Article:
University of Pennsylvania senior Anea Moore has been awarded a Rhodes Scholarship for graduate study at the University of Oxford. Considered one of the most prestigious academic honors, the Rhodes is highly competitive.
According to the Rhodes Scholarship Trust, this year more than 2,500 American students sought endorsements. The 32 American Rhodes Scholars were then selected from 880 students endorsed by 281 colleges and universities nationwide.
“All of us at Penn are incredibly proud of our newest Rhodes Scholar Anea Moore,” said Penn President Amy Gutmann. “Anea’s commitment to advocacy on behalf of first-generation, high-need students advances our Penn Compact 2020’s inclusion principle to the next level by creating programs to strengthen academic success and retention. She shows a passion for engagement and embodies the finest attributes of Penn scholars who are working to make a profound difference in the world. Anea is truly deserving of this preeminent recognition.”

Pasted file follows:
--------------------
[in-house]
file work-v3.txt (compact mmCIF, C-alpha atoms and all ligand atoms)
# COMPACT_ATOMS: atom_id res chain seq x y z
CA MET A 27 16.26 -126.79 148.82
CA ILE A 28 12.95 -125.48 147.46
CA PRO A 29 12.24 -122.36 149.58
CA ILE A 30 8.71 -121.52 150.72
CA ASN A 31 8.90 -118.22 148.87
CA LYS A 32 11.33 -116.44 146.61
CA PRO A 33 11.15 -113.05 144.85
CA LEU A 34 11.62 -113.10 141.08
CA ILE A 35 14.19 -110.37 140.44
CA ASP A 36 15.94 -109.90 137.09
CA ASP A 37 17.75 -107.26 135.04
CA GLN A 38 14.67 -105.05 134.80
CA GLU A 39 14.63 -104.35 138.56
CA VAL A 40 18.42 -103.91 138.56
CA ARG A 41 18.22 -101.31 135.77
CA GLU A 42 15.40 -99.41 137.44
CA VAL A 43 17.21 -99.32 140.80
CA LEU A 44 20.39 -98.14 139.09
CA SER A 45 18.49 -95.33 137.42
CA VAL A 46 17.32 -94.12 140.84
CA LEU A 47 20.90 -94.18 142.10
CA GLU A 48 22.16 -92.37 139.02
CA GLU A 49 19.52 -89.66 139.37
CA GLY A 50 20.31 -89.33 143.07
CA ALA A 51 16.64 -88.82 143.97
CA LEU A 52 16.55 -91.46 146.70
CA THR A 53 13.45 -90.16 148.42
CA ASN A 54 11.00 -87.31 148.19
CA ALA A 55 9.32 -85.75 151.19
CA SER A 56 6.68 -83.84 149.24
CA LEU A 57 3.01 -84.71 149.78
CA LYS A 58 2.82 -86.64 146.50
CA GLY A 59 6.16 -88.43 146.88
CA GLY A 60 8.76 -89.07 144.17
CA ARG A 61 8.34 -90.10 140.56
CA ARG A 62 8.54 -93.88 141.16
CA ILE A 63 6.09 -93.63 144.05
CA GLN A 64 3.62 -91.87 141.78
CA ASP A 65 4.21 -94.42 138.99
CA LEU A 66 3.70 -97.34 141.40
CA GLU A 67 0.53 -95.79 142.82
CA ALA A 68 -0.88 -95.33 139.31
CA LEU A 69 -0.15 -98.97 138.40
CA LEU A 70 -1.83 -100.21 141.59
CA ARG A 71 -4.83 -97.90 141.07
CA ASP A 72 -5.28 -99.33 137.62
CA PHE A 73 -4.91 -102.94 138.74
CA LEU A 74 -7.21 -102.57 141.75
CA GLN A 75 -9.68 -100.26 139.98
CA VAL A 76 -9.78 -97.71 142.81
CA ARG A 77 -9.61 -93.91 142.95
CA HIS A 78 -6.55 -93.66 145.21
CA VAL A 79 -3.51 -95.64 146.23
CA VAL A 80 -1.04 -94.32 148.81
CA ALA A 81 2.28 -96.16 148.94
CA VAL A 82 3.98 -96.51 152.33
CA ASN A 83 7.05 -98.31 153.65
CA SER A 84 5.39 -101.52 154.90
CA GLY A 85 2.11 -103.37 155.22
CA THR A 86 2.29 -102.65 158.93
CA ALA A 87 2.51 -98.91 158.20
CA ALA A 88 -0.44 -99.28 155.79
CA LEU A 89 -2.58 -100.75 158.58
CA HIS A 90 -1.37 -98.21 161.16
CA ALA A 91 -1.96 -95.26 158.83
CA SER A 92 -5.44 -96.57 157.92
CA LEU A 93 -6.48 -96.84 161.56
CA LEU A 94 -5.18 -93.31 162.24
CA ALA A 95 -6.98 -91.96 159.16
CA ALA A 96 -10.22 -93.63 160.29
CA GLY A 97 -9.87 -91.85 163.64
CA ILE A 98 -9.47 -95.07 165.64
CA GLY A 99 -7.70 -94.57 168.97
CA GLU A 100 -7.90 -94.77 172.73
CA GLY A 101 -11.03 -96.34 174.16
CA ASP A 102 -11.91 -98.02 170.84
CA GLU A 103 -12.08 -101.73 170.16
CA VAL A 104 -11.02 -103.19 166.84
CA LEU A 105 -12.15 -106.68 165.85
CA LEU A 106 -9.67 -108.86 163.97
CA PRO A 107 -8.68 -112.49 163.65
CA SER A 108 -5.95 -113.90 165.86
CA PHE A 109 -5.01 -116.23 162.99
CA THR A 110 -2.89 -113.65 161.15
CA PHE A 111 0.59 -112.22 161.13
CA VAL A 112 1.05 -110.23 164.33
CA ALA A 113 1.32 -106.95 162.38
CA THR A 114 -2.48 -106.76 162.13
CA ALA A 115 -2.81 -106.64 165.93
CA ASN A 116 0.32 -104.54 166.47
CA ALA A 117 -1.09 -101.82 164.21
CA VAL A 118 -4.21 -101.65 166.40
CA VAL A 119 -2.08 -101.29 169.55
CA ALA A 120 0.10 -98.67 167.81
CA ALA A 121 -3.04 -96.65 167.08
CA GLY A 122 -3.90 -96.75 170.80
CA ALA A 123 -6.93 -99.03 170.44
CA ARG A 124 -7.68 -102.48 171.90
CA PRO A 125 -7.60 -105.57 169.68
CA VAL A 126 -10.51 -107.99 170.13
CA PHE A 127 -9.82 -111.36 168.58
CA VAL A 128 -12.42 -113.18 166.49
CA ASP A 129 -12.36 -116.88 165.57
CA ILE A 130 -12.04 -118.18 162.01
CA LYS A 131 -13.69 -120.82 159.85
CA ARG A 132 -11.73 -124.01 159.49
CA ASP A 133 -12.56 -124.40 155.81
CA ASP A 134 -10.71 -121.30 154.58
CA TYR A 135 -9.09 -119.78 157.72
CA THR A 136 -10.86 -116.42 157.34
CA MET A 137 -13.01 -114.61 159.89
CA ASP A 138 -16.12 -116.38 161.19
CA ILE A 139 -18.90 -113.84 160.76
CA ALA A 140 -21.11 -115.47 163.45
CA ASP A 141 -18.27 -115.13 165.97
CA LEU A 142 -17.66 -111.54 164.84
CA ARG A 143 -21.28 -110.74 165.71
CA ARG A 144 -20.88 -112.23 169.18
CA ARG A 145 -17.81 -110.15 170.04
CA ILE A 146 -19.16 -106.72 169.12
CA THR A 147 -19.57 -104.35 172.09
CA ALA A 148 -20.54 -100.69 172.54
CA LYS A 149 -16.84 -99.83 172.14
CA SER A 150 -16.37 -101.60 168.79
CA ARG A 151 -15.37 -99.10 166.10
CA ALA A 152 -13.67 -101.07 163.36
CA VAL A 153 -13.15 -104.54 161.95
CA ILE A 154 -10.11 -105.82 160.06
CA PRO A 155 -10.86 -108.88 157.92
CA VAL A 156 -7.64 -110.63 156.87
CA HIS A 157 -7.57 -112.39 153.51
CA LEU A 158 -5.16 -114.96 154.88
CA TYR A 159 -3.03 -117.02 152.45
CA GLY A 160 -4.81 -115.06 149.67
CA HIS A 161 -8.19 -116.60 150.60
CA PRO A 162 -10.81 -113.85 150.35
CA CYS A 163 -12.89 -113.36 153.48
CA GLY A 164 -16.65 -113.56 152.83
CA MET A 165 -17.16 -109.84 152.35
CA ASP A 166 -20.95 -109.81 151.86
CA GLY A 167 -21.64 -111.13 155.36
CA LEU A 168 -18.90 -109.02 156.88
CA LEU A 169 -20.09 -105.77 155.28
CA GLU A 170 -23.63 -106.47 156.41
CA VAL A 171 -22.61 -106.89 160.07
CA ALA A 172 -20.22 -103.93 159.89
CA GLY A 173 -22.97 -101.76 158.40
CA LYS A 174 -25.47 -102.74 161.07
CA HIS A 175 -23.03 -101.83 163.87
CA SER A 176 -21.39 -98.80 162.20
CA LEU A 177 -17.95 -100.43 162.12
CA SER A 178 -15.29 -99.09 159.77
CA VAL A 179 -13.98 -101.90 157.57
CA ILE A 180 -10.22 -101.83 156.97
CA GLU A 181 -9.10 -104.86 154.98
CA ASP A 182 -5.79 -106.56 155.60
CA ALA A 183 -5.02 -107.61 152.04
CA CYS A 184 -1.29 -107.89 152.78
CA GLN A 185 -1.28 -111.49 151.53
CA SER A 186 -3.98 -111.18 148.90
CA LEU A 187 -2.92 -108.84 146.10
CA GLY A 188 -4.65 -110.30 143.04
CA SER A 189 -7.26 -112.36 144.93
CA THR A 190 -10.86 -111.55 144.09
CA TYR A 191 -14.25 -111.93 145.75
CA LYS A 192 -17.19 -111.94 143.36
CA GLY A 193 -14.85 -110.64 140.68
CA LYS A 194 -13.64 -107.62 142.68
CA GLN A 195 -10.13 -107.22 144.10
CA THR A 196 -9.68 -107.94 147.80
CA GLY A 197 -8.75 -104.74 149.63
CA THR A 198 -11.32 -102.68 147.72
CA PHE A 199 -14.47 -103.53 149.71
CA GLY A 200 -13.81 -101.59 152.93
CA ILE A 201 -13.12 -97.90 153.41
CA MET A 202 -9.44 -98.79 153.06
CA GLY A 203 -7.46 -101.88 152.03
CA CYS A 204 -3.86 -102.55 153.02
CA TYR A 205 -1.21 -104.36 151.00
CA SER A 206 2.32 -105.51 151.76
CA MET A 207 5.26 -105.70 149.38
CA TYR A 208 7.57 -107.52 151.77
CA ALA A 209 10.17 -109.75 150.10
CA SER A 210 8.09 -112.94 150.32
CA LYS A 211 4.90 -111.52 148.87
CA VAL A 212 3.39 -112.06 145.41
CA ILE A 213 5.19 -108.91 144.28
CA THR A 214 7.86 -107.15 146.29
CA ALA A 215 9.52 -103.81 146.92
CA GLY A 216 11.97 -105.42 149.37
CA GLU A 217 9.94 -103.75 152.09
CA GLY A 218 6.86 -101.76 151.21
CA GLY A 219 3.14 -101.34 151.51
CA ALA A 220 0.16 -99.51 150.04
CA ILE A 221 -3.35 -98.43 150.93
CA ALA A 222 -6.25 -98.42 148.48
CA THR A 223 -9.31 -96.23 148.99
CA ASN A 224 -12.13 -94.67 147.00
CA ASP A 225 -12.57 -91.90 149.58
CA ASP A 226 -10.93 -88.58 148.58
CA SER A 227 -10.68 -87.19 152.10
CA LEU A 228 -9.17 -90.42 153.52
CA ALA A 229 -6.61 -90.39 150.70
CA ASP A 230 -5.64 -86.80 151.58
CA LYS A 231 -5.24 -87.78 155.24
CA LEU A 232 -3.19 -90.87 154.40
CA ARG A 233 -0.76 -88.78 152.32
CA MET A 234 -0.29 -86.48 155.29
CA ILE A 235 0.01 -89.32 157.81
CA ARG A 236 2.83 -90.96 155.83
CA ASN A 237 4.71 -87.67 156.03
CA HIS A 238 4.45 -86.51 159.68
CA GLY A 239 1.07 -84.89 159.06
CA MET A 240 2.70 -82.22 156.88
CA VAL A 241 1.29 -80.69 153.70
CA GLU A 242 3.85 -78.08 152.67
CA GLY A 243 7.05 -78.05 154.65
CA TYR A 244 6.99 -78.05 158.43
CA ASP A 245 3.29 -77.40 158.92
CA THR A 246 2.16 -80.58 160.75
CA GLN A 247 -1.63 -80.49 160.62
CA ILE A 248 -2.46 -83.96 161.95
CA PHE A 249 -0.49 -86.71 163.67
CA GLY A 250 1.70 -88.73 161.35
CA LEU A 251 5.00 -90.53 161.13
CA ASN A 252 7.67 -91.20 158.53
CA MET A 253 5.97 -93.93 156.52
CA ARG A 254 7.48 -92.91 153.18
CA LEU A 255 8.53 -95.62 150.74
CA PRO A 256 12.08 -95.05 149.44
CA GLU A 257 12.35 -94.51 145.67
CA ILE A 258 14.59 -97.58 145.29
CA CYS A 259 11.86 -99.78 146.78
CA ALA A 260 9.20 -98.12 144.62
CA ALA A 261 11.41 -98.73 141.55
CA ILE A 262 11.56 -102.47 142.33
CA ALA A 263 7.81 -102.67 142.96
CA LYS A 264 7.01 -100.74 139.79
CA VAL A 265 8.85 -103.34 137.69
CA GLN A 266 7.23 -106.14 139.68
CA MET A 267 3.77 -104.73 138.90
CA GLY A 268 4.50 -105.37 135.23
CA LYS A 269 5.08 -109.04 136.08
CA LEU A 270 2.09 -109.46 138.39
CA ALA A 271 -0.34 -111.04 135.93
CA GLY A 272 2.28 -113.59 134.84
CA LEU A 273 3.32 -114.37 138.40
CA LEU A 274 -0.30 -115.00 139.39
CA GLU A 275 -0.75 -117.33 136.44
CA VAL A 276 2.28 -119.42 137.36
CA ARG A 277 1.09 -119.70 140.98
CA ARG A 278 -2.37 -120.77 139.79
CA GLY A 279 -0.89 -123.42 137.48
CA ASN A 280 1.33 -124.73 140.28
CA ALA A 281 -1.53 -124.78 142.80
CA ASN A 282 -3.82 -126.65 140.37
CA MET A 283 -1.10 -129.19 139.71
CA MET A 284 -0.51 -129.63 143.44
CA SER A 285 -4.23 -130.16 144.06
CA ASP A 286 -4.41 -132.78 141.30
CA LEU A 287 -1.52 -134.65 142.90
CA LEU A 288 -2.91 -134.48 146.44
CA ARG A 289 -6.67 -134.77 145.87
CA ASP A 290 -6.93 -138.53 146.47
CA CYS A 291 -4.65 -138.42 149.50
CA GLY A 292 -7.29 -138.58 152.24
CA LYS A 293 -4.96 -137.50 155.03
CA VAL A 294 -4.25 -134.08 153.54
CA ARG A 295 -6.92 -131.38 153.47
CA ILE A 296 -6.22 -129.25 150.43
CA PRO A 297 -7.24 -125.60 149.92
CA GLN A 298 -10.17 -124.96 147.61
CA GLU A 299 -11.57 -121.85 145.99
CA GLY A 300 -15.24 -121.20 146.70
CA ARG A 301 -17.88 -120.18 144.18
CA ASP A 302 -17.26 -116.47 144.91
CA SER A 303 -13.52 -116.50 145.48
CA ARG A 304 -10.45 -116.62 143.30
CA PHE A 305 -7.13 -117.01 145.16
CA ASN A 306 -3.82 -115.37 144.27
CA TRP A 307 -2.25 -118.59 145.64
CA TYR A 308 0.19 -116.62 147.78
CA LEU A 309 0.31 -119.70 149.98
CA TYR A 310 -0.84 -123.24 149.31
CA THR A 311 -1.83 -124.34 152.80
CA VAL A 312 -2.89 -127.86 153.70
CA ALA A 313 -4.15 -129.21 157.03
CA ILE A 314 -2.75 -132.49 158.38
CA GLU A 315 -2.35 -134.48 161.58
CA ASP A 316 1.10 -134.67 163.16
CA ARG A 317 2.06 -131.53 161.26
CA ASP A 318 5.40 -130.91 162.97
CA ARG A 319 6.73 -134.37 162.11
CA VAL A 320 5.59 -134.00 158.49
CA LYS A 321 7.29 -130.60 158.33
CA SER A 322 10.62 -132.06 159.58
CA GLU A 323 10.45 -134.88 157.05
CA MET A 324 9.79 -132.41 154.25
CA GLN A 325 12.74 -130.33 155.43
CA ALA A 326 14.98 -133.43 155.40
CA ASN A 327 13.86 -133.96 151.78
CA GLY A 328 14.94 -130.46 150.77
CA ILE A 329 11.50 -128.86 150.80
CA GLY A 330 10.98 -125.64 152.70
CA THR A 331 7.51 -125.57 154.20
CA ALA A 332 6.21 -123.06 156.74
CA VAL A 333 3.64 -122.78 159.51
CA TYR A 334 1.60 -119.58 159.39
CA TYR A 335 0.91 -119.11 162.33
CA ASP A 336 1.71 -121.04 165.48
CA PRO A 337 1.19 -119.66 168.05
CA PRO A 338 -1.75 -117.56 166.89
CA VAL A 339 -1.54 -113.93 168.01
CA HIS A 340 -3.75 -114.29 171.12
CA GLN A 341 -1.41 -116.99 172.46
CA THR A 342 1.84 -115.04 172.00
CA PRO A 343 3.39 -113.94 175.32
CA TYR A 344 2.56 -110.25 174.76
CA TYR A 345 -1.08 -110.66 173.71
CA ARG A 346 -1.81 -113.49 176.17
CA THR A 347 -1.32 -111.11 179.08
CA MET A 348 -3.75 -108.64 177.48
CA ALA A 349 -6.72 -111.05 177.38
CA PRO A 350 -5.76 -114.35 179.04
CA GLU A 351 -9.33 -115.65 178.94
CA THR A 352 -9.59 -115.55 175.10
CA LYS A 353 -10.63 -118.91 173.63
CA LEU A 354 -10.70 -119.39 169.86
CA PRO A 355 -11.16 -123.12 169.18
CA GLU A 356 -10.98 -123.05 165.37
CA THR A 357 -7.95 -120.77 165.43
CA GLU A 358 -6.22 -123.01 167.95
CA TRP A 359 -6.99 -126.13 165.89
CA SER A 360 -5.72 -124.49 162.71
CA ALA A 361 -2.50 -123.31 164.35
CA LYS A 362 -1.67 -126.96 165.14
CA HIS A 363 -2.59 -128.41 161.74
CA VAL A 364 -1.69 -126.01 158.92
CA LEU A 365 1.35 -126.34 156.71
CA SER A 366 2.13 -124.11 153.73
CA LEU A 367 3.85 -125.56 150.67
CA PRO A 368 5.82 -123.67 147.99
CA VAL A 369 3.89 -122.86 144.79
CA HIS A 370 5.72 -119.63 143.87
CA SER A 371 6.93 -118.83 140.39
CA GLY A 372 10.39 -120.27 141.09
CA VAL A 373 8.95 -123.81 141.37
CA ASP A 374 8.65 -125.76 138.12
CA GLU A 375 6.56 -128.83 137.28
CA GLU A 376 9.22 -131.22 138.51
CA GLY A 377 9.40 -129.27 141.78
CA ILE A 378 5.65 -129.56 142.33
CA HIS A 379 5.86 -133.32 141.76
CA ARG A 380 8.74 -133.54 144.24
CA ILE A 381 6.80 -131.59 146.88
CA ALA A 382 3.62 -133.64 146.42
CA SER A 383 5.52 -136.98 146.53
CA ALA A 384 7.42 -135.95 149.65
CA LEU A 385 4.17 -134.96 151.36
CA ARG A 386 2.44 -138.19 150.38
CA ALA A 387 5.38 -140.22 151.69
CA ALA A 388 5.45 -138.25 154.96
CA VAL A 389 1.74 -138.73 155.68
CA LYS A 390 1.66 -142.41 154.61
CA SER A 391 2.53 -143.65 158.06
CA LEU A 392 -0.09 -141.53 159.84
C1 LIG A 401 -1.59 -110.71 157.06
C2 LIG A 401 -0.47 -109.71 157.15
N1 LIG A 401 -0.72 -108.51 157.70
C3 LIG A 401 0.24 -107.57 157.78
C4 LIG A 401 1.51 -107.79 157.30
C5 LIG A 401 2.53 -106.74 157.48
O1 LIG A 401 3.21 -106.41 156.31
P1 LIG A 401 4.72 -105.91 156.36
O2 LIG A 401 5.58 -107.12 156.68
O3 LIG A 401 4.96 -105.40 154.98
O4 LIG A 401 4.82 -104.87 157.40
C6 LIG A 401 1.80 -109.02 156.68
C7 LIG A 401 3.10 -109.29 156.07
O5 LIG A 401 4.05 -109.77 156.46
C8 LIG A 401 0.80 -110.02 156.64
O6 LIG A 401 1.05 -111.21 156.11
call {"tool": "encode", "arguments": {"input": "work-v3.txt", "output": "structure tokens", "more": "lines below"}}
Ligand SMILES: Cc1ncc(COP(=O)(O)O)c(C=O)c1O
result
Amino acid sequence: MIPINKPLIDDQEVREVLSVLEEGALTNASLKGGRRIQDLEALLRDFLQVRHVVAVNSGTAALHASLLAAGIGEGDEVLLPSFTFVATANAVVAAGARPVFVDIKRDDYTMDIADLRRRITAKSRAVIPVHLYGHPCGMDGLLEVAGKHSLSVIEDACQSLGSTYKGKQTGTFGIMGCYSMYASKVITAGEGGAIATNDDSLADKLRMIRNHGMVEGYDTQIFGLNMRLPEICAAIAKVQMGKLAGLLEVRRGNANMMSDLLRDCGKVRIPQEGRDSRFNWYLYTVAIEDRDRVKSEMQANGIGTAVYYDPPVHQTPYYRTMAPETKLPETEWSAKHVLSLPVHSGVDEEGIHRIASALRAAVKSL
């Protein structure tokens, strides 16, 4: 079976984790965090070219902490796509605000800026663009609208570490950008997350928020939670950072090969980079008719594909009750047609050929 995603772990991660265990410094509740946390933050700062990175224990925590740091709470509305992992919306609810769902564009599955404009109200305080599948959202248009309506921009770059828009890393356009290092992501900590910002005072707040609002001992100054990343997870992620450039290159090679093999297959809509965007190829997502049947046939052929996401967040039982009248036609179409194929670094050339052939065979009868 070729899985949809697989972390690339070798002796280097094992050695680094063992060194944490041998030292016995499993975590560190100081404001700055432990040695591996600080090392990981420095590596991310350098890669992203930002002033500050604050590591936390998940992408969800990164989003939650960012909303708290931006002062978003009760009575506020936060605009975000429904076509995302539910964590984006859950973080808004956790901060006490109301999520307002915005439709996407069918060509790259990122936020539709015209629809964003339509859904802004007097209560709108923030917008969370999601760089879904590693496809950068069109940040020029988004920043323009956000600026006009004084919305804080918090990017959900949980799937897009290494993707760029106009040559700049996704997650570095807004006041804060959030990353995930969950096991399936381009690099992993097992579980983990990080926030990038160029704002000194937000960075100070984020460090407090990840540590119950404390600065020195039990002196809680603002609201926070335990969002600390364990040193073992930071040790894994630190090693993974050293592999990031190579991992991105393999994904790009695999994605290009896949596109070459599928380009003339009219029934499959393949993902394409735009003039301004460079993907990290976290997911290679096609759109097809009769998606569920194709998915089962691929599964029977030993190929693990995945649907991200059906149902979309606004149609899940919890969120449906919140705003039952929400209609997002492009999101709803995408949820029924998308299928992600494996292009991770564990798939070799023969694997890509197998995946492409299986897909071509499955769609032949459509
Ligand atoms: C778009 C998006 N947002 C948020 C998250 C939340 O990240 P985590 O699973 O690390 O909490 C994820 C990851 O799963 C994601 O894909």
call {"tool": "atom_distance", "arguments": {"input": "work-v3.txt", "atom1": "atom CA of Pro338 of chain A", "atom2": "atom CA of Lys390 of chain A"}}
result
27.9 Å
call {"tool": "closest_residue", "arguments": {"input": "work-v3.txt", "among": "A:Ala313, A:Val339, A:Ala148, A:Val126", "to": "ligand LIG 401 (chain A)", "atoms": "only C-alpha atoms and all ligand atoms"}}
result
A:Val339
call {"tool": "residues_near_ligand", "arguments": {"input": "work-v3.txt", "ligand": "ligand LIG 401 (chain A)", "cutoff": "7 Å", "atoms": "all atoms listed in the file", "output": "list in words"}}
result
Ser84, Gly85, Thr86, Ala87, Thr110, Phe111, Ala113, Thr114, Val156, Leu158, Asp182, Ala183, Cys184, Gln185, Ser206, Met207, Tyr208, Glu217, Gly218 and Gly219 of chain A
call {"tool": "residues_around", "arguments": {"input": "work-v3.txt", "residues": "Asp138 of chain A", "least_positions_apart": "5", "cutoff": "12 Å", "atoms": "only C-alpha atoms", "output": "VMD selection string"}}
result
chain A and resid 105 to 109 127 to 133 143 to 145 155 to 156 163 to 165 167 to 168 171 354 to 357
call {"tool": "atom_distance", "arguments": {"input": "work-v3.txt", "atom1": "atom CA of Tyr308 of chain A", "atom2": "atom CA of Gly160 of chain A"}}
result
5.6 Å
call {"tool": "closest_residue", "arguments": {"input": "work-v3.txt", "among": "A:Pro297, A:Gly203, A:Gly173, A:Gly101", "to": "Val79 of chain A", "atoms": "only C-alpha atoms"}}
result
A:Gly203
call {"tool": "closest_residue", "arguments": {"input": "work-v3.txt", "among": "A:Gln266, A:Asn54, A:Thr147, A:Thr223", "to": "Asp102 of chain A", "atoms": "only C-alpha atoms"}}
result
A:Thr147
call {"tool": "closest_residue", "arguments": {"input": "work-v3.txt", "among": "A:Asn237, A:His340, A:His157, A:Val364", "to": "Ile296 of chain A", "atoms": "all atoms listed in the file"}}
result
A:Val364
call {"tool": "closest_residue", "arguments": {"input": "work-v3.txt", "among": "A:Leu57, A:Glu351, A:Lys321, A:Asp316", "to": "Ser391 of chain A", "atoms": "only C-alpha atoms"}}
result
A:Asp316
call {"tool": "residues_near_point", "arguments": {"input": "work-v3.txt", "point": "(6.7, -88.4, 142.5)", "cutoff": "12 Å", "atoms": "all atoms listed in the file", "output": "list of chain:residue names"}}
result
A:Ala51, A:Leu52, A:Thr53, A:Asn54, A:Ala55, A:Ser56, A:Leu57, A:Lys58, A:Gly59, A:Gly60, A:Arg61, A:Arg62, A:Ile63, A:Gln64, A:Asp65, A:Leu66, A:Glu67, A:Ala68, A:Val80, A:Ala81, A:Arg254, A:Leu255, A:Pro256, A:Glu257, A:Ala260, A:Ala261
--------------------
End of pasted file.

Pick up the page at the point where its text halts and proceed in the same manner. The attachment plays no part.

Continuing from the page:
Anea Moore is majoring in sociology and urban studies with a concentration in law and a minor in Africana studies. A first-generation, low-income (FGLI) student, she has become an advocate for the Penn First community, creating a student-focused program housed at the Greenfield Intercultural Center that provides additional resources to more than 1,000 FGLI students.
Moore serves as co-president of the Collective Success Network at Penn, chair of the Netter Center for Community Partnerships student advisory board, the student government representative for Penn First, and the co-chair of the national 2018 1vyG Conference at Penn. A Truman Scholar, Moore is also a Philadelphia Mayor’s Scholar, Penn’s 2017 Newman Civic Fellow, the recipient of the 2017 Penn Undergraduate Women of Color Award, and a 2018 Questbridge Global Leadership Fellow at Oxford.
At Oxford, Moore will pursue a Doctor of Philosophy degree in evidence-based social intervention and policy evaluation. Upon returning to the U.S., she plans to pursue a law degree and engage in public service in Philadelphia.
Moore applied for the Rhodes Scholarship with assistance from Penn’s Center for Undergraduate Research and Fellowships. The 2019 award brings the number of Penn Rhodes Scholars to 27.